4. Kuppurajan K, et al. Effect of gugglu on serum lipids in obese hypercholesterolemic and hyperlipidemic cases. J Assoc Physicians India, 1978;26:367-71.
  5. Malhotra SC, et al. Long term clinical studies on the hypolipidaemic effect of Commiphora mukul (guggulu) and clofibrate. Indian J Med Res, 1977;65:390-5.
  6. Verna SK, Bordia A. Effect of Commiphora mukul (gum guggulu) in patients of hyperlipidemia with special reference to HDL-cholesterol. Indian J Med Res, 1988;87:356-60.
  7. Agarwal RC, et al. Clinical trial of gugulipid a new hypolipidemicagent of plant origin in primary hyperlipidemia. Indian J Med Res, 1986;84:626-34.
  8. Nityanand S, et al. Clinical trials with gugulipid, a new hypolipidaemic agent. J Assoc Physicians India, 1989;37:321-8.
  9. Singh V, et al. Stimulation of low density lipoprotein receptor activity in liver membrane of guggulsterone treated rats. Pharmocol Res, 1990;22:37-44.
  10. Sharma JN, Sharma JN. Comparison of the anti-inflammatory activity of Commiphora mukul (an indigenous drug) with those pfhenylbutazone and ibuprofen in experimental arthritis induced by mycobacterial adjuvant. Arzneimittel-Forsch, 1977;27:1455-7.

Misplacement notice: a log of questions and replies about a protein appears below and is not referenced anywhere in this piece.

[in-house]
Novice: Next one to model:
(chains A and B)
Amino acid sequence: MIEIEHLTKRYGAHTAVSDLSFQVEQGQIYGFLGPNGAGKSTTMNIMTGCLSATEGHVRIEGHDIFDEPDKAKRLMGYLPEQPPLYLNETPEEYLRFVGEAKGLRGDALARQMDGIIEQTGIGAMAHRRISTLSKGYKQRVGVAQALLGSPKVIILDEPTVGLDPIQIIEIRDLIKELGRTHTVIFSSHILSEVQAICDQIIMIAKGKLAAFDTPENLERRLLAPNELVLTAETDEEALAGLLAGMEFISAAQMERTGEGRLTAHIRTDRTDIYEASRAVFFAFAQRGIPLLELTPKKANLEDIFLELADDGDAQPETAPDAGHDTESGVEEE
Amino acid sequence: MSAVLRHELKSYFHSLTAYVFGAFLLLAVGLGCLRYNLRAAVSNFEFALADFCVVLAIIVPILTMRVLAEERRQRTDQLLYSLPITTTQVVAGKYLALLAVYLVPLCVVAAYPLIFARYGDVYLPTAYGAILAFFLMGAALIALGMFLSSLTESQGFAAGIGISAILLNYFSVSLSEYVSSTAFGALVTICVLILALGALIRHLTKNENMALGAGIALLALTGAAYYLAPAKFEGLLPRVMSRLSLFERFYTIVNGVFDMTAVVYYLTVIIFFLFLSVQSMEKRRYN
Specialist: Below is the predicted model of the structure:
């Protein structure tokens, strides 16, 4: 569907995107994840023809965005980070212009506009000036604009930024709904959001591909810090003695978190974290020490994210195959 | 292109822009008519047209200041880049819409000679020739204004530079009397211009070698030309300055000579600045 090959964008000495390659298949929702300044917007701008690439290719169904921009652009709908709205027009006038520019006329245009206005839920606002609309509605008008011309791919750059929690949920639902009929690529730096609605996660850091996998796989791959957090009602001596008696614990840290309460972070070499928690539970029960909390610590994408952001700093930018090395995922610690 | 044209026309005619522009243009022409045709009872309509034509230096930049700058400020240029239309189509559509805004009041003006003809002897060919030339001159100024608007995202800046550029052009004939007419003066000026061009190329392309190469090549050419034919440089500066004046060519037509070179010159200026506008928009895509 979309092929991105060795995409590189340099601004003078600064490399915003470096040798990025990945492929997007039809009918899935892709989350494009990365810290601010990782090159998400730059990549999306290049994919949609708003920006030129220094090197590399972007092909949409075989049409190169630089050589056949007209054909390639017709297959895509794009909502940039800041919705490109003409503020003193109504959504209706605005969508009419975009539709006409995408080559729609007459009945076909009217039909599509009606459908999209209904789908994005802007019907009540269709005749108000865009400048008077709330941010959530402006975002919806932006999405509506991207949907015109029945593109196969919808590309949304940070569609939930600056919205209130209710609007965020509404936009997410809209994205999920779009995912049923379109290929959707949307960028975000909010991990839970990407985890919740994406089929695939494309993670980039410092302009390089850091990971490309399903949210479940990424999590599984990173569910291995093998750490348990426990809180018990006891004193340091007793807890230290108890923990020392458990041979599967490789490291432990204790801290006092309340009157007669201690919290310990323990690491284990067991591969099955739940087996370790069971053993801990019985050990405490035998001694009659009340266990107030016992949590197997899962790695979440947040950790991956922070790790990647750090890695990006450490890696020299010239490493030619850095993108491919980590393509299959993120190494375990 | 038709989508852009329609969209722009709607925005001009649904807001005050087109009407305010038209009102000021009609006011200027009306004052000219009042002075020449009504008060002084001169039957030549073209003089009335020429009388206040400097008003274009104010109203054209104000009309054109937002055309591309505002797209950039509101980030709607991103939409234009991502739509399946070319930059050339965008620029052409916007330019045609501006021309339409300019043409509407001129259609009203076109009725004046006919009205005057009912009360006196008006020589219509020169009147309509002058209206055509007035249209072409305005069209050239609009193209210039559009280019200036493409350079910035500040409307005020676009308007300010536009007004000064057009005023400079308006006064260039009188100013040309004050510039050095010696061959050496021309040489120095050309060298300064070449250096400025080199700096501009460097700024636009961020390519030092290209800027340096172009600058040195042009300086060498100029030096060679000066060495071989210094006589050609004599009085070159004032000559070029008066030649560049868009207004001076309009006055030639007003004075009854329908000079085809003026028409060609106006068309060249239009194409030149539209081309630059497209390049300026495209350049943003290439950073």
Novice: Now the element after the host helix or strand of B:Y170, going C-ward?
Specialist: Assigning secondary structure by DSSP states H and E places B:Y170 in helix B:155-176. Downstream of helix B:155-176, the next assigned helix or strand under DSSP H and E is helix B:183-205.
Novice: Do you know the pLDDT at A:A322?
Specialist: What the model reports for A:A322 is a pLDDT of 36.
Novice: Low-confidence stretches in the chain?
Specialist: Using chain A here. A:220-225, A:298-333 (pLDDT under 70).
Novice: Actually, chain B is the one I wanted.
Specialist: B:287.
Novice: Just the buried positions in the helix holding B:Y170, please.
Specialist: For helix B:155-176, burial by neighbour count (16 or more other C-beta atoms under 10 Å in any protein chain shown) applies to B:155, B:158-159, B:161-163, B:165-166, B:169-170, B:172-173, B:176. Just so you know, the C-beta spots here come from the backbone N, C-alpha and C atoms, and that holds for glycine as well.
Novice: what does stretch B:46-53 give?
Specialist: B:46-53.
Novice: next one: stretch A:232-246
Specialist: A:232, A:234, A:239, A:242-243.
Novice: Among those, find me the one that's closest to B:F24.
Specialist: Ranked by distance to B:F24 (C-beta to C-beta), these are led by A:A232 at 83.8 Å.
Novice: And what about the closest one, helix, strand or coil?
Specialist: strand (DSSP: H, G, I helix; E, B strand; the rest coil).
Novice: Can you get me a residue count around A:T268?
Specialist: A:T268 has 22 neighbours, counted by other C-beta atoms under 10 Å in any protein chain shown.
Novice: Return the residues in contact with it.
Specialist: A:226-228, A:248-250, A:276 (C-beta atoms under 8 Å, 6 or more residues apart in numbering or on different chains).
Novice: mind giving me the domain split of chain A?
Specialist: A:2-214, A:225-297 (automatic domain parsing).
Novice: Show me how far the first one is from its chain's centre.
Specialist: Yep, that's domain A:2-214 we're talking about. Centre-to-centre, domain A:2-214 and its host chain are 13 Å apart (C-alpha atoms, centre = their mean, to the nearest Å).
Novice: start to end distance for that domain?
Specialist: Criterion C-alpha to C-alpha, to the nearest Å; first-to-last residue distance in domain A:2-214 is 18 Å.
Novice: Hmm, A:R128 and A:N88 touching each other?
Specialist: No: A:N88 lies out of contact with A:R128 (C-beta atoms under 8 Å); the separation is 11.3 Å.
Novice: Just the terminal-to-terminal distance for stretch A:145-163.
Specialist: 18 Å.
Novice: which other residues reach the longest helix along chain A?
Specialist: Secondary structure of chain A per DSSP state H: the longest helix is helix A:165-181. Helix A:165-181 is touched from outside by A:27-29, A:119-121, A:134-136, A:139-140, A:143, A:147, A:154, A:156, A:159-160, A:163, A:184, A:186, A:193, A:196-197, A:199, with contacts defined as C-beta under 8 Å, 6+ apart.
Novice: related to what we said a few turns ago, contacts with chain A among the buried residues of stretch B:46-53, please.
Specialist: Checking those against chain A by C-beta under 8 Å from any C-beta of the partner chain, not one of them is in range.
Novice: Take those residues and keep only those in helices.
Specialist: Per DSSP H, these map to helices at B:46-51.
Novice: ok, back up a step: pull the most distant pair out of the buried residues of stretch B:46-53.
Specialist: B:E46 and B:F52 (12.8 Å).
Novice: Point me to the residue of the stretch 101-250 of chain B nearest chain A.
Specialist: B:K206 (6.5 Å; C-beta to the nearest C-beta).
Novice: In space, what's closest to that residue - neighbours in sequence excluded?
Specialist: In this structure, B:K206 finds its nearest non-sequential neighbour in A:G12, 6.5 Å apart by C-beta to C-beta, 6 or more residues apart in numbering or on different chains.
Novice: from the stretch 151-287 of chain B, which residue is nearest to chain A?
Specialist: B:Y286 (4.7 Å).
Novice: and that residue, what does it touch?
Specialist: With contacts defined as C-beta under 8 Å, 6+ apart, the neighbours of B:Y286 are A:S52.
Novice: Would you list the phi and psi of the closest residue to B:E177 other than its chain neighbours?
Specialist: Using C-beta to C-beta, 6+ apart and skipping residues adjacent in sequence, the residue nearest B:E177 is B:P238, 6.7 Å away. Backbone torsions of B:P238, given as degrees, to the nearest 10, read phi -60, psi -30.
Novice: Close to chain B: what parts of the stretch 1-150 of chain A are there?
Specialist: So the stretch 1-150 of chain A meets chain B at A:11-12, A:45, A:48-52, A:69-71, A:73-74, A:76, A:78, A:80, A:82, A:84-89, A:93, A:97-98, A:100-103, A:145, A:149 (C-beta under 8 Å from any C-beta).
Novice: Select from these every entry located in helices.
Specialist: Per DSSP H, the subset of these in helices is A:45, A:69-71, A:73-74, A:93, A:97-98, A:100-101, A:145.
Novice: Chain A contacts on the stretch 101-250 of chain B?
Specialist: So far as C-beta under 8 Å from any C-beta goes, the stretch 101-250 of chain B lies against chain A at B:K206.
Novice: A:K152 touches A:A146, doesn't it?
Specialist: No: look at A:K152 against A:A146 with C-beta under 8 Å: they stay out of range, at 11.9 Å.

11. Dietary Supplement Information Bureau. www.content.intramedicine.com: Guggul.
  12. Natural Health Products Encyclopedia. www.consumerslab.com: Guggul.
  13. Healthnotes, Inc. www.healthnotes.com. Guggul.
  14. Satyavati GV. Gum guggul (Commiphora mukul) - The success of an ancient insight leading to a modern discovery. Indian J Med, 1988;87:327-35.
  15. Singh RB, et al. Hypolipidemic and antioxidant effects of Commiphora mukul as an adjunct to dietary therapy in patients with hypercholesterolemia. Cardiovasc Drugs Ther, 1994;8:659-64.
  16. Singh K, et al. Guggulsterone, a potent hypolipidaemic, prevents oxidation of low density lipoprotein. Phytother Res, 1997;11:291-4.
  17. Mester L, et al. Inhibition of platelet aggregration by guggulu steroids. Planta Med, 1979;37:367-9.
  18. Satyavati GV et al. Experimental studies on the hypocholesterolemic effect of Commiphora mukul. Indian J Med Res, 1969;57(10):1950-62.
  19. Nityanand S et al. Clinical trials with gugulipid. A new hypolipidaemic agent. J Assoc Physicians India, 1989;37(5):323-8.
  20. Satyavati GV et al. Guggulipid: A promising Hypolipidemic agent from gum guggul (Commiphora Wightii). Econ Med Plant Res, 1991;5:48-82.
  21. Englisch W, et al. Efficacy of artichoke dry extract in patients with hyperlipoproteinemia. Arzneimittel-Forsch, 2000;50:260-5.
  22. Kraft K. Artichoke leaf extract: recent findings reflecting effects on lipid metabolism, liver and gastrointestinal tracts. Phytomedicine, 1997;4:369-78.
  23. Englisch W, et al. Efficacy of artichoke dry extract in patients with hyperlipoproteinemia. Arzneimittel-Forsch, 2000;50:260-5.
  24. Petrowicz O, et al. Effects of artichoke leaf extract (ALE) on lipoprotein metabolism in vitro and in vivo [abstract]. Atherosclerosis, 1997;129:147.

Click here for more information about James P. Meschino, DC, MS.